THE fledgling left-wing coalition dubbed the Scottish Syriza is to receive strategic advice from the real thing ahead of next year's Holyrood elections.

The new electoral pact, anchored around the Scottish Socialist Party and the grassroots Scottish Left Project, will meet representatives of Greece's ruling party Syriza in Edinburgh today, as well as members of Spain's left-wing Podemos movement.

The gathering is expected to discuss tactics for the 2016 election, when the new Scottish anti-austerity coalition hopes to return Socialist MSPs through the regional list system.

The development comes just days after Quebec Solidaire, the radical coalition in Quebec's National Assembly, agreed to give its support to the Scottish alliance.

Delegates unanimously backed the move at their conference in Montreal last week, at which Scottish trade union activist Cat Boyd spoke on the Left's post-referendum revival.

Amir Khadir, a Quebec Solidaire National Assembly member, said: "Austerity, whether British or Canadian, has left the vulnerable behind and impoverished ordinary people.

"But there is hope, as Cat Boyd reminded us about the struggle of ordinary people in Scotland and how Yes voters said Yes to a new and different country.

"The rising momentum behind the Scottish Left Project gives us hope and courage to fight for justice at home and solidarity abroad."

The Sunday Herald revealed last month that the Scottish Socialist Party (SSP) and Scottish Left Project plan to stand candidates under a new shared platform next May, despite misgivings among some SSP members that the party's identity could be diluted.

The new alliance has yet to be named, but United Left and Scottish Left are possibilities.

Former SNP deputy leader Jim Sillars said he was "delighted" at the prospect of a pact.

He said: "Because of the problems with the Labour party, there are now opportunities for a non-Labour left, which was quite fractured, to come together.

"I think it would be a very good thing if a new socialist Left developed in Scotland, and stood for elections. I'd be a liar if I said anything different.

"If socialists can get together in a new coalition then I am delighted, absolutely delighted.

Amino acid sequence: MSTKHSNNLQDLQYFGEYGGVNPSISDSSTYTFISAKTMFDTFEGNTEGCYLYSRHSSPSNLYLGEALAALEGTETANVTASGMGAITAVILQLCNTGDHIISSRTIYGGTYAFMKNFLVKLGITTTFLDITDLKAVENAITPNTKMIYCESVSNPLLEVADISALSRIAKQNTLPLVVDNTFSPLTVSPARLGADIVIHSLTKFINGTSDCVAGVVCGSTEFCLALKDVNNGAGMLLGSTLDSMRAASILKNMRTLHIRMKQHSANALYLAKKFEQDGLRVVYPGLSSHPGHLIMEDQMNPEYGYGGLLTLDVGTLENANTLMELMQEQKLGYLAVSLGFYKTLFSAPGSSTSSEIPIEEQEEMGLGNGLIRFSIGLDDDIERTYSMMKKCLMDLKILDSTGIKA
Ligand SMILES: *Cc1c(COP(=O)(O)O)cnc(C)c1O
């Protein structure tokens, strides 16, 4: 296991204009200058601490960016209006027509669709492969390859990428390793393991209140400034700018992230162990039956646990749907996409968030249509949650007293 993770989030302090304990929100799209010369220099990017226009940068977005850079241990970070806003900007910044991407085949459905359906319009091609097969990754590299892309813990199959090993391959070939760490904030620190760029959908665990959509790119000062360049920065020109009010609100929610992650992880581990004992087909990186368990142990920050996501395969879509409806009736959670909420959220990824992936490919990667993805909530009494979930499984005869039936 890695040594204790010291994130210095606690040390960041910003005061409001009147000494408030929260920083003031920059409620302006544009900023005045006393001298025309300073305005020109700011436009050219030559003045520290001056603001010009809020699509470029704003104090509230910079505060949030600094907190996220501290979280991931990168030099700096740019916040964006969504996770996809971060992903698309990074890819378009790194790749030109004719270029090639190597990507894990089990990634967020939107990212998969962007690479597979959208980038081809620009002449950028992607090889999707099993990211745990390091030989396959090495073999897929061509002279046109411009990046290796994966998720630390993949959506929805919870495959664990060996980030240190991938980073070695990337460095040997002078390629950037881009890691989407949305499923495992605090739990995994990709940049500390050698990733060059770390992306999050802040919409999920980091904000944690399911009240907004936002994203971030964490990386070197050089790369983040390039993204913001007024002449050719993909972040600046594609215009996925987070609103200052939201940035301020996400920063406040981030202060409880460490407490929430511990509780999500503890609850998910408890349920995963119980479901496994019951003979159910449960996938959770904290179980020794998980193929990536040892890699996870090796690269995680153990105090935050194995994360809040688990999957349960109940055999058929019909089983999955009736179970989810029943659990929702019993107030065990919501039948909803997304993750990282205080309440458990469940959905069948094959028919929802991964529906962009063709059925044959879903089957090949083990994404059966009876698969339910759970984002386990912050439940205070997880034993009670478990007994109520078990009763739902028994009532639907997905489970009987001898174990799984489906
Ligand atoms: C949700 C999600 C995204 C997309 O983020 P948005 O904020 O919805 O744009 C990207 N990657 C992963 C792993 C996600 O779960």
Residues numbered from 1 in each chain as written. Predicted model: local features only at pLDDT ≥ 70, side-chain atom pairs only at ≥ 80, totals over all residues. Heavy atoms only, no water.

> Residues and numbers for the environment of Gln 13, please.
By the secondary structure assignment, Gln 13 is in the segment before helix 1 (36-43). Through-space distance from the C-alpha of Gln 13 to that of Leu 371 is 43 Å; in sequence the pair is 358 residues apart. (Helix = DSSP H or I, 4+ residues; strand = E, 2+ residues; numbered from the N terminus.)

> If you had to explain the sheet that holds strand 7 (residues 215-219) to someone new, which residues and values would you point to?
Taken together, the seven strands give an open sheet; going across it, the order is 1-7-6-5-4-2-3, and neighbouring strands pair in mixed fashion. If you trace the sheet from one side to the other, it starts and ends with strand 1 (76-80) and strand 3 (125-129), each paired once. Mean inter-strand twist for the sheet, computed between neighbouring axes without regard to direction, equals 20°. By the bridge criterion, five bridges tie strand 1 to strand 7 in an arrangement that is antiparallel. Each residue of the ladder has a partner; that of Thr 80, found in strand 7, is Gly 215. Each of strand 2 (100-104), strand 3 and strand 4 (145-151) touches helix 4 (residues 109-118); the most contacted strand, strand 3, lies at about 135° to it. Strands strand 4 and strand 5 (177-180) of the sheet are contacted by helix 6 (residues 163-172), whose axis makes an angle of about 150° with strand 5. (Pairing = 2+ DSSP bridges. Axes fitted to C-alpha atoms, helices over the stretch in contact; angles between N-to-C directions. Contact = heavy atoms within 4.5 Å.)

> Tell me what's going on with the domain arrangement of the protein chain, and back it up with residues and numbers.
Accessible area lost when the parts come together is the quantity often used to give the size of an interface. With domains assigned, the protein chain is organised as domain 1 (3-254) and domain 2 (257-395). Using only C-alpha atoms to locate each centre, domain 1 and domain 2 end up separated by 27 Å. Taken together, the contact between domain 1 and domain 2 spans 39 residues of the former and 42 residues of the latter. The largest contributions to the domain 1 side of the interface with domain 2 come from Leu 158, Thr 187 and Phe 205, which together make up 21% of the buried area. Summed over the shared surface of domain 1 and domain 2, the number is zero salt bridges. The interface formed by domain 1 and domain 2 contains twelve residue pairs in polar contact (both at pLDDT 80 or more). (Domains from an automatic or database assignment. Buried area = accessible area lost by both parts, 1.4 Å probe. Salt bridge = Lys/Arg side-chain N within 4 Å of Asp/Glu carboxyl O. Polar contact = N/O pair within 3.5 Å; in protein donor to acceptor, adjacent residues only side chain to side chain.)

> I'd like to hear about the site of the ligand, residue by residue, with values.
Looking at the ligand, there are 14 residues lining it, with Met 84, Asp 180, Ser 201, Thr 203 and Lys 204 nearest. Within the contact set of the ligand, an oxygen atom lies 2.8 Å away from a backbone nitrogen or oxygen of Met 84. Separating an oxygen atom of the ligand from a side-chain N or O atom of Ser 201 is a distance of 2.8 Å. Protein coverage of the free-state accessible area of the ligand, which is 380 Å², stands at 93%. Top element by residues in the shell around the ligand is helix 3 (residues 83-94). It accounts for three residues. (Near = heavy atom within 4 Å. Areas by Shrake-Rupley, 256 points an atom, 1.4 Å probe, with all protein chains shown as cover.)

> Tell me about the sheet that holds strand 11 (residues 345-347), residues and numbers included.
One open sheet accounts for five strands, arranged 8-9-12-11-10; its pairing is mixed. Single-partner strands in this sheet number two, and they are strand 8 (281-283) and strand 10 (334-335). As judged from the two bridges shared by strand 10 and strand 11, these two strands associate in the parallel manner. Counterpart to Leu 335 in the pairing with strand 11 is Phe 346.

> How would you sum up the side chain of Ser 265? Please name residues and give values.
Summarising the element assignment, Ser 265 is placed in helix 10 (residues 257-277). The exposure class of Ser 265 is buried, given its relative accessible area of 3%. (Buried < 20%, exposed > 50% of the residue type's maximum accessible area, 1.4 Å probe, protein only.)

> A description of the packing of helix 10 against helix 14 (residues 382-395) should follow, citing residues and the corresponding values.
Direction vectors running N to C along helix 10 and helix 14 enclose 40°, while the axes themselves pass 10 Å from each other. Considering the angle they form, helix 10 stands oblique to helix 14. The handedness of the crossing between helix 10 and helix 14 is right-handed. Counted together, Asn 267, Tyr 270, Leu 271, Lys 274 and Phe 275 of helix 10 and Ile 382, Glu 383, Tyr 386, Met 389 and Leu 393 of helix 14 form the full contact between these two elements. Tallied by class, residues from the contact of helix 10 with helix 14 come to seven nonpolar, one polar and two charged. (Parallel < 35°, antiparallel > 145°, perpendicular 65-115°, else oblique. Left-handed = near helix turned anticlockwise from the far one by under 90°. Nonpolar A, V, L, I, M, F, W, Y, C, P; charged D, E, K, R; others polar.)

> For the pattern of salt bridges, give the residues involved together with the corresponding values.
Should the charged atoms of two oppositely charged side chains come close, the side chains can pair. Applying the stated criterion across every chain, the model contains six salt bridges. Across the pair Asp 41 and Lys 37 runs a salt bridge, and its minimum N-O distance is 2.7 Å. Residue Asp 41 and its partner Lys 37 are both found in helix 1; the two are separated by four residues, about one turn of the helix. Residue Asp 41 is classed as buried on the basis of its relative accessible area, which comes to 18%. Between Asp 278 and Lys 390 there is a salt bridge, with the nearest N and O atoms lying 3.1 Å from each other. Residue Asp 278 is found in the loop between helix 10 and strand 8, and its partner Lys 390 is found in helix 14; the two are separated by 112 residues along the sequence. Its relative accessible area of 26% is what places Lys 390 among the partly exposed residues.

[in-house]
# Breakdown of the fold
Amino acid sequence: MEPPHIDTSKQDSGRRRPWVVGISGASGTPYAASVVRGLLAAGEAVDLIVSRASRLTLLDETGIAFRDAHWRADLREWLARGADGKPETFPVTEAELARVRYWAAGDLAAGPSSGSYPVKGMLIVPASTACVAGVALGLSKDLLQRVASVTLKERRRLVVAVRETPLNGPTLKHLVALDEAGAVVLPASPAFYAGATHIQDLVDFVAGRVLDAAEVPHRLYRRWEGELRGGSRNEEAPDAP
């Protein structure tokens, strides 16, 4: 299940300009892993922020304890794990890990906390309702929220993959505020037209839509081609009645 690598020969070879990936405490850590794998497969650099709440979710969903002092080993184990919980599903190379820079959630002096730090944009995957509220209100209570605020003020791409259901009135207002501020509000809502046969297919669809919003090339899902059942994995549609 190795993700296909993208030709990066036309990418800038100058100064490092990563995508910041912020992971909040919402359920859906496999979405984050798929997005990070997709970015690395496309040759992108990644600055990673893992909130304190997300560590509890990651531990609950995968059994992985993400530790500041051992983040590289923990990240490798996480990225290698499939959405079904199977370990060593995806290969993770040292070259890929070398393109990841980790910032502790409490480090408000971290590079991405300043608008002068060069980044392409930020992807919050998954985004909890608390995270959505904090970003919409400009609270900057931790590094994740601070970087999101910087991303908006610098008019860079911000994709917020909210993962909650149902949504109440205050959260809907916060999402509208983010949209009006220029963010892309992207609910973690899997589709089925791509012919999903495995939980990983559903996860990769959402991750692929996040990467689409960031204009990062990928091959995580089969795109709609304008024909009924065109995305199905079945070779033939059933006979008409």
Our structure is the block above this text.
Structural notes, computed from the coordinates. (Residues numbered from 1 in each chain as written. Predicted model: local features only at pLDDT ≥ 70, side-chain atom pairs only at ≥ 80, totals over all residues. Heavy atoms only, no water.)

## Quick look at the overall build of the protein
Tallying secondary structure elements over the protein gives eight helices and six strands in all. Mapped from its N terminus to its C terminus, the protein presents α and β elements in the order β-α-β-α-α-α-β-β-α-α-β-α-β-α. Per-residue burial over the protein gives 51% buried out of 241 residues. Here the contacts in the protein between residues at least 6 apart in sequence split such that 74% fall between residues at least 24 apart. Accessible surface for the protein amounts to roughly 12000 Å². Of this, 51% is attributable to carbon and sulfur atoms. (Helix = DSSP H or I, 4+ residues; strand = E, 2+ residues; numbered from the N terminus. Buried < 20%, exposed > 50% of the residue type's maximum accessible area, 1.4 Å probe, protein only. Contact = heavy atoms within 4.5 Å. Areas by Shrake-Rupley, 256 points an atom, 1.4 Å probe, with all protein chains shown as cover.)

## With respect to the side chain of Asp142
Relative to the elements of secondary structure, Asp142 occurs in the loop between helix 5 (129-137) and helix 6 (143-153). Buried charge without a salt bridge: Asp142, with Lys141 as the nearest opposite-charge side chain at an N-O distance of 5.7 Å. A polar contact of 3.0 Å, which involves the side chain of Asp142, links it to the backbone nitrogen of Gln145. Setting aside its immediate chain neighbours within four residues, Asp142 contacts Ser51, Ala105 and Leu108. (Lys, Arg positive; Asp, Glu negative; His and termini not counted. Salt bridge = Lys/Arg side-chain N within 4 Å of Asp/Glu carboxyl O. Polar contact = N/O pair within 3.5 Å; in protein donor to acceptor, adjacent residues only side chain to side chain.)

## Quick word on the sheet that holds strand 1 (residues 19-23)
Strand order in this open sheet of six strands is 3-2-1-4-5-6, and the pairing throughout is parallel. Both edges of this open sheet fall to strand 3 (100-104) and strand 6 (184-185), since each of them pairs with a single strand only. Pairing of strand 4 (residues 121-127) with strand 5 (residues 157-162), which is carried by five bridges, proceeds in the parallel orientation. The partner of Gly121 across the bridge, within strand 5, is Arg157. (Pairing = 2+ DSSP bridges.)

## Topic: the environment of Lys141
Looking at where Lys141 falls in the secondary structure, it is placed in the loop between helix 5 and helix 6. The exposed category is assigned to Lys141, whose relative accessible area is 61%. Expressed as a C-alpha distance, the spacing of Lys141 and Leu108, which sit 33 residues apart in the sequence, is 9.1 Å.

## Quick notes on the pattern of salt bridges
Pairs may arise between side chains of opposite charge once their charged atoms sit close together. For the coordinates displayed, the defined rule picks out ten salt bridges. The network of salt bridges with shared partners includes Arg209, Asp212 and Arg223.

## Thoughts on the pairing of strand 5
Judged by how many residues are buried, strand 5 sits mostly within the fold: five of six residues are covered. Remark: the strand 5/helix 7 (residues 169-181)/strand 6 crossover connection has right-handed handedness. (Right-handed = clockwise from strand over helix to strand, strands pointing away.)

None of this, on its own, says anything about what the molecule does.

"And if my colleagues in the SNP are unhappy about that, well, I've got nothing against them."

He added: "I'm not saying that the SNP has become overmighty at the moment, but I think in a democracy it is not healthy for the parties or society to have one party that's dominant for too long. There have to be alternatives available to people."

SSP co-convenor Colin Fox added: "Sunday's meeting is to learn from Syriza and Podemos's experience. Podemos have just fought regional elections in Spain. I would expect to get endorsements from Syriza and Podemos later this year."

A Scottish Left Project spokesperson said: "Just as Quebec Solidaire support the development of the radical left in Scotland, we support their campaign in Quebec.

"After a period of decline, the forces of the radical left are now in the ascendency as the international fight back against austerity intensifies.

"'We are also working with representatives of Syriza, and are looking to see how a variety of their organisational and political techniques could be implemented in Scotland.

"It is not about creating a carbon copy, but it is important that we can take advice, learn from and work with those on the radical left who have experience of electoral breakthroughs.'

Scottish Conservative MSP Alex Johnstone said: "It's no surprise to see this group modelling itself on a party currently presiding over the most chaotic economy in Europe.

"I'm sure they can come up with enough of their own crazily damaging ideas without getting input from other radical left-wingers."